Interview with Nouvelle Mode

Click to read full interview

1) What makes you so passionate about design?

I love being creative and have always loved writing and drawing - even holding my own art exhibitions on the walls of my room as a child. I think that my passion for design stems from my love of art and for creating things. I principally love ideas and value the concept and narrative of my work above all else. That is why I classify myself as a conceptual designer, which to me means that the overall idea of the work is of more importance than the final outcome. The work I produce may not always be wearable or even possible but the idea and innovation is what I find interesting and is what I am passionate about.

For example, currently I am working on a few projects but one of them is in tandem with a research Synthetic Biologist at Imperial College. This work will culminate in a purely conceptual collection of 2-D print design work exploring the idea of fluorescent bacteria and its theoretical application on garments as a biological, glowing print. Obviously there are laws that disallow bacteria to be used in this way in reality but as an idea – that fabric could be living and emitting light – it is very interesting!

2) What and who provides you with the most inspiration when you create new pieces or are thinking of new ideas? How do you keep a creative buzz?

I think that as a creative, the opposite is true. I constantly have ideas flying around my head and have to try and discipline myself to work and finish one idea or line of research without being distracted by something else, however I think that is true of most designers and artists. I am inspired by artists such as Francis Bacon and Louise Bourgeois, visits to art galleries and the Wellcome Collection, Hunterian and Science Museums, writers such as Sylvia Plath and Oscar Wilde and designers as diverse as Yohji Yamamoto, Simone Rocha, Iris Van Herpen and Nancy Tilbury at Studio XO. My own practice is inspired by multidisciplinary practice and research across fashion, art, science and technology and is motivated by environmental concerns. On a cultural level, I think that this could be described as a green era, as well as being increasingly being seen as a new epoch which some term Post-postmodernism. The cultural context is interesting to research but I like to find inspiration away from it so as not to become a product of the cultural dominant.

3) Do you have any advice for young designers?

I would really encourage other young designers to get as much experience, whether through interning or apprenticeships as possible, never to compromise their own design vision and to never give up on your dreams as you will get there eventually!

4) Are there any keys traits a designer must have to be successful? (for example, many people say a model has to be disciplined and a salesmen has to be confident etc.)

I think that you have firstly got to be artistic and have got to have a unique viewpoint or something you really want to say within your work. Secondly, you must be equally good with the business side of fashion. You must be able to see the overall picture of the business, and be a great multi-tasker as you must be able to take your ideas from initial designs to manufacturing, then press and ultimately a highly skilled salesperson to sell yourself, the brand and the garments. As the designer of your own company, everything begins and ends with you so you must be organised, a great negotiator and an excellent manager. Skills such as pattern making, computer skills for technical flats and drawing skills are also essential.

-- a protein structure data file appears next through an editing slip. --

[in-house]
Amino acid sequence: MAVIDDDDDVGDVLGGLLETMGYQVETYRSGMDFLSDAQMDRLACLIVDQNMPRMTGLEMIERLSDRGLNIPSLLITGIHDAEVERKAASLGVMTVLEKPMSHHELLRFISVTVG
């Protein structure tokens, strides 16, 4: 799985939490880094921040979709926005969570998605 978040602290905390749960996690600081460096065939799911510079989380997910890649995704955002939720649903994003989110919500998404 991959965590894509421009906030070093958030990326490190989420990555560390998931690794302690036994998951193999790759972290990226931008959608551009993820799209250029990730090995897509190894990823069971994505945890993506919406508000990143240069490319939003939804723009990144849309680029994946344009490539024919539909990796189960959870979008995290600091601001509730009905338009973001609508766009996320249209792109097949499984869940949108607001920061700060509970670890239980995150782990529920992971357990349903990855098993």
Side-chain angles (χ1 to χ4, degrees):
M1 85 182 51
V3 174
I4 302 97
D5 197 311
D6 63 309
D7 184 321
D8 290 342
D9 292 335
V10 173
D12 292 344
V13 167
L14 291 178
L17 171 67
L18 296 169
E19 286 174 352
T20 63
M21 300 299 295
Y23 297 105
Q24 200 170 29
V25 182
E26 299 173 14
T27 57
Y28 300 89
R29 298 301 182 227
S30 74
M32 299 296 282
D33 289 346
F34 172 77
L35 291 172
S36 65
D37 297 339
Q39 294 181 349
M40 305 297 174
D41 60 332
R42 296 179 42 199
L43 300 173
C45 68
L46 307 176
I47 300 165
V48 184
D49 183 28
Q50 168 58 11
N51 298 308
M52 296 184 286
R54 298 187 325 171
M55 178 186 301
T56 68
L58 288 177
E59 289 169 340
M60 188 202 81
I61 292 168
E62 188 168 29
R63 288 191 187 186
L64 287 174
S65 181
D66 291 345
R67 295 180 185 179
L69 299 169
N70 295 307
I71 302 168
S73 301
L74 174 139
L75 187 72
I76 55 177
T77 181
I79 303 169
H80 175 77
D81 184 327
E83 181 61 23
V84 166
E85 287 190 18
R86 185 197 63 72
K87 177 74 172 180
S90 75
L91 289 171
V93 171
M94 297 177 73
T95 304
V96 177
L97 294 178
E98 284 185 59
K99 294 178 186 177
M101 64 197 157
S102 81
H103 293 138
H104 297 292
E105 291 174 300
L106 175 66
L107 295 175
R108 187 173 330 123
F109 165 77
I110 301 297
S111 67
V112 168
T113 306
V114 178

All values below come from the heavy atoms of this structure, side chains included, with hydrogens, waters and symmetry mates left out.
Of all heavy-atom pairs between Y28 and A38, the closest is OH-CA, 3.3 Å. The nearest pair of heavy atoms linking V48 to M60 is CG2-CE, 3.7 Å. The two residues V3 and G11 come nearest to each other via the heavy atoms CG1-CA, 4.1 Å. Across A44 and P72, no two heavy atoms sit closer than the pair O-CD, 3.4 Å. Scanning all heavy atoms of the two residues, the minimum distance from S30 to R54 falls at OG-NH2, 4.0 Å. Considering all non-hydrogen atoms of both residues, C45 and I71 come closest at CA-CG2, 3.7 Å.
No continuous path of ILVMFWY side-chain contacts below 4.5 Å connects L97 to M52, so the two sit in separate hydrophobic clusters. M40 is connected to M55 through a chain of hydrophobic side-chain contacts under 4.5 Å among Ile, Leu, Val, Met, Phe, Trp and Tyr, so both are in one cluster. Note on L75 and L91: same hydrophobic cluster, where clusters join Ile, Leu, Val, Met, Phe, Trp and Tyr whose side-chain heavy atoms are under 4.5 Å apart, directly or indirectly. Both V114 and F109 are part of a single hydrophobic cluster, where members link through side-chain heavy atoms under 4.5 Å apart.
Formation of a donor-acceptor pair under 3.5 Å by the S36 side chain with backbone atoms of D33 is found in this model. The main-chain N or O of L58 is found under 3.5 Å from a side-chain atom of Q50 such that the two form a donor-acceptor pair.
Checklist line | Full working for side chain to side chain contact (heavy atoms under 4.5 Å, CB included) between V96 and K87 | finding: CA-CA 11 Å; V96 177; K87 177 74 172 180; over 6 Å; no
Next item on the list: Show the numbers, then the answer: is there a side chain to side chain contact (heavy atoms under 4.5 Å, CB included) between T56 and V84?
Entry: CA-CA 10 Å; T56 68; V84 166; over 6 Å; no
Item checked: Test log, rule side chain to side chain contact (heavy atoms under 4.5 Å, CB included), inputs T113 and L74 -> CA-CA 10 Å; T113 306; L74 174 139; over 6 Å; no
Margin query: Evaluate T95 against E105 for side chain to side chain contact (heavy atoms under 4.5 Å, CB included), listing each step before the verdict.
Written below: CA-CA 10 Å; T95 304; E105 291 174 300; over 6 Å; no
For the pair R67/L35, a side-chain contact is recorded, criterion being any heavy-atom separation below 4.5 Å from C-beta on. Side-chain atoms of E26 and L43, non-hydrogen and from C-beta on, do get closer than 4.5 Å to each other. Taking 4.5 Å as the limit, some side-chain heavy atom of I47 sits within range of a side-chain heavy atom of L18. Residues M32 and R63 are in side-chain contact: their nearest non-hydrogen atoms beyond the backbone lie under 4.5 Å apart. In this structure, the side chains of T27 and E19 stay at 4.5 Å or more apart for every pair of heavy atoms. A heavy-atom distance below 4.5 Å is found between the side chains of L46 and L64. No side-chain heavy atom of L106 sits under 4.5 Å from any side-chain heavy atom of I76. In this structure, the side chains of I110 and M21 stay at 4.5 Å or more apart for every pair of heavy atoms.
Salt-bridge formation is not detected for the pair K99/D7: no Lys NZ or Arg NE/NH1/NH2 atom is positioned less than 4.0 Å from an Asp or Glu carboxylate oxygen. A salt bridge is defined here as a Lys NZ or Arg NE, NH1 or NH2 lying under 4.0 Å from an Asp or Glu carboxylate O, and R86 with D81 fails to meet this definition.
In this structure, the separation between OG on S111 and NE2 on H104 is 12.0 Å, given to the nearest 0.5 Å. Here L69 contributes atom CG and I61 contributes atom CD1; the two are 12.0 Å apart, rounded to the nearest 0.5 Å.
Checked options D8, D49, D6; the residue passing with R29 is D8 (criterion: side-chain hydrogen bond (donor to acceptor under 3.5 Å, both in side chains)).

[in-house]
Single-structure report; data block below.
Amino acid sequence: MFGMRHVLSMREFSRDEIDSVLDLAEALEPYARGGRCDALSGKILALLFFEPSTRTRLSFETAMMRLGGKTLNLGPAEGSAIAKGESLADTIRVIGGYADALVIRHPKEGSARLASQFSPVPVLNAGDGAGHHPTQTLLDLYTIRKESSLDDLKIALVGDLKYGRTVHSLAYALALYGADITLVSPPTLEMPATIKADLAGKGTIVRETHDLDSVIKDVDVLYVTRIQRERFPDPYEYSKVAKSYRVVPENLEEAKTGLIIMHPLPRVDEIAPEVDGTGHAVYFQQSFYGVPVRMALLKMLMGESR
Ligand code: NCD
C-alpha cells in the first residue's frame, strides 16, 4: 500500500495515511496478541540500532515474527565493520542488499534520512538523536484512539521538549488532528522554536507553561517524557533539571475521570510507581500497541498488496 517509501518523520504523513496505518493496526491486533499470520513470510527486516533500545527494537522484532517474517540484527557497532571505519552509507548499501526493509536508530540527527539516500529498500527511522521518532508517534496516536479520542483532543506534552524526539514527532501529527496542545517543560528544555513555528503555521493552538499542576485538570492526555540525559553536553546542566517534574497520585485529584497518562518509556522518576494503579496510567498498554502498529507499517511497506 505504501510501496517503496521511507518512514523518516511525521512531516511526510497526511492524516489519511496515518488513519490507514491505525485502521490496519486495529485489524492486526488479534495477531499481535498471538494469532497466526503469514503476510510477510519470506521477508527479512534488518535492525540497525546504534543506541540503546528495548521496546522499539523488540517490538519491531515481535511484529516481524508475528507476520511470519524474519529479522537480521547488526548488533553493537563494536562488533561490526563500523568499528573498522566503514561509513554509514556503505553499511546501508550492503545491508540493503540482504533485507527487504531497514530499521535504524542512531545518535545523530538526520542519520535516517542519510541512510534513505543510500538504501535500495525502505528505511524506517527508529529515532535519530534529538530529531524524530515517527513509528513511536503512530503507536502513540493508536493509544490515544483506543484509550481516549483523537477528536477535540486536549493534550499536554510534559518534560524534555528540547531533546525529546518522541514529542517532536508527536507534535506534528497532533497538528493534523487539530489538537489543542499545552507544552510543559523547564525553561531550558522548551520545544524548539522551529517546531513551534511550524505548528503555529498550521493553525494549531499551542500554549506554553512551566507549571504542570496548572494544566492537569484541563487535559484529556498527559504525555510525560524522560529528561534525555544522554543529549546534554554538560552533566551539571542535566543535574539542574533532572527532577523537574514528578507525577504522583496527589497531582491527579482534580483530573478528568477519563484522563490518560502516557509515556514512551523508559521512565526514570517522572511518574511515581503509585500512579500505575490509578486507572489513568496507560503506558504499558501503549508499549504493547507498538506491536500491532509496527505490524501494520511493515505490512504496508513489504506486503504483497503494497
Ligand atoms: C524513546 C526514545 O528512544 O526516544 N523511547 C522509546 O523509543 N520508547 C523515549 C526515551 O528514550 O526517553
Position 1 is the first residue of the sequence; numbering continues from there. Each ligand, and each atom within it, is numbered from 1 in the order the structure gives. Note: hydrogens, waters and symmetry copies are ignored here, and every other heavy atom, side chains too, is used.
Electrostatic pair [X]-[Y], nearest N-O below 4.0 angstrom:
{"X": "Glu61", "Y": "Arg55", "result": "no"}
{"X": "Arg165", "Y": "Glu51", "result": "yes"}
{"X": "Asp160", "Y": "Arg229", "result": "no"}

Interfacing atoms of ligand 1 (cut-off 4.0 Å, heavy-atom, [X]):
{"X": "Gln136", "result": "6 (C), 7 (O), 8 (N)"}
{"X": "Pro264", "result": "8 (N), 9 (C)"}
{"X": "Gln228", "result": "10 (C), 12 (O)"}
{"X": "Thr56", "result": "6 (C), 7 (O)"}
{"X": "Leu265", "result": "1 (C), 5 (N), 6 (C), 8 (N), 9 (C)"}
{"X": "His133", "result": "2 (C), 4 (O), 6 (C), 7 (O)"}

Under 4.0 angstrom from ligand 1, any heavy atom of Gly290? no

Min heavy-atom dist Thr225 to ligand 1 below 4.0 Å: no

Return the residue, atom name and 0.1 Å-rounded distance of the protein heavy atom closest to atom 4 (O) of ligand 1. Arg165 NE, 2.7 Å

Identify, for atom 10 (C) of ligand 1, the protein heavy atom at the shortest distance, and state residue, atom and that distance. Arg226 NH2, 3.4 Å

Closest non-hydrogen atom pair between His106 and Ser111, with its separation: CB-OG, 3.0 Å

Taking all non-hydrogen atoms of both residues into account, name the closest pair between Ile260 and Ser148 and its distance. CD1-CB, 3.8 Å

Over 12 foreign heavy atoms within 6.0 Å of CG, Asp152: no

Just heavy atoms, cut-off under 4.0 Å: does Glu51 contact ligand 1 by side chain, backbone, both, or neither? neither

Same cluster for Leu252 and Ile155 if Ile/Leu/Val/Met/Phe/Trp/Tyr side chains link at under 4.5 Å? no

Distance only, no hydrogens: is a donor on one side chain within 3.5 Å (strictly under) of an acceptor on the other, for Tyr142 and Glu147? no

5) Are you planning any future collections at the moment (Or if not what would you dream collection be like?)

Yes, I am currently working on 3 different collections, one being the fluorescent bacteria collection I mentioned earlier. I am producing a slow fashion eco-friendly range of printed womenswear garments for retail, am at design stage for a wearable technology collection based on the theme of Neo-Dark Romanticism which will market within the next year or so. I like to be busy!

6) How long can it take for a design to go from Sketch to finished product?

I think that depends on the fashion cycle that the designer is following. For example within high fashion there are pre-collections, main collections, cruise etc. so that is around 6 or more collections a year which means that the time from design to market is quite fast. The high street works to an even faster cycle, with a continuous stream of new designs for consumers. As my work is more art based, and therefore tends to be one-off production made by myself, I am able to work quite slowly so from the design stage to final outcome can be a couple of months. Slow-fashion is a movement in itself which is recognized as more sustainable and eco-friendly as the amount of waste and consumption is a lot lower.

7) Have you had any major hiccups through the design process (i.e. samples not coming in on time, or fabrics being the wrong colour etc.) and how did you counteract this?

Just after graduating, the online retailer ASOS chose my cape as part of the ASOS Cape Project.  I organised the short-run production of the capes, which were then sold online at and photographed for Nylon magazine. There were a few complications during the production though, including the initial problem of how to turn the bespoke catwalk cape into a mass manufactured piece. Another issue occurred with the buttons, as the machine at the factory wasn’t used to working with shell so there was a lot of breakages. Luckily, I had purchased a higher amount of buttons than required so these glitches were very easily rectified to produce the final pieces.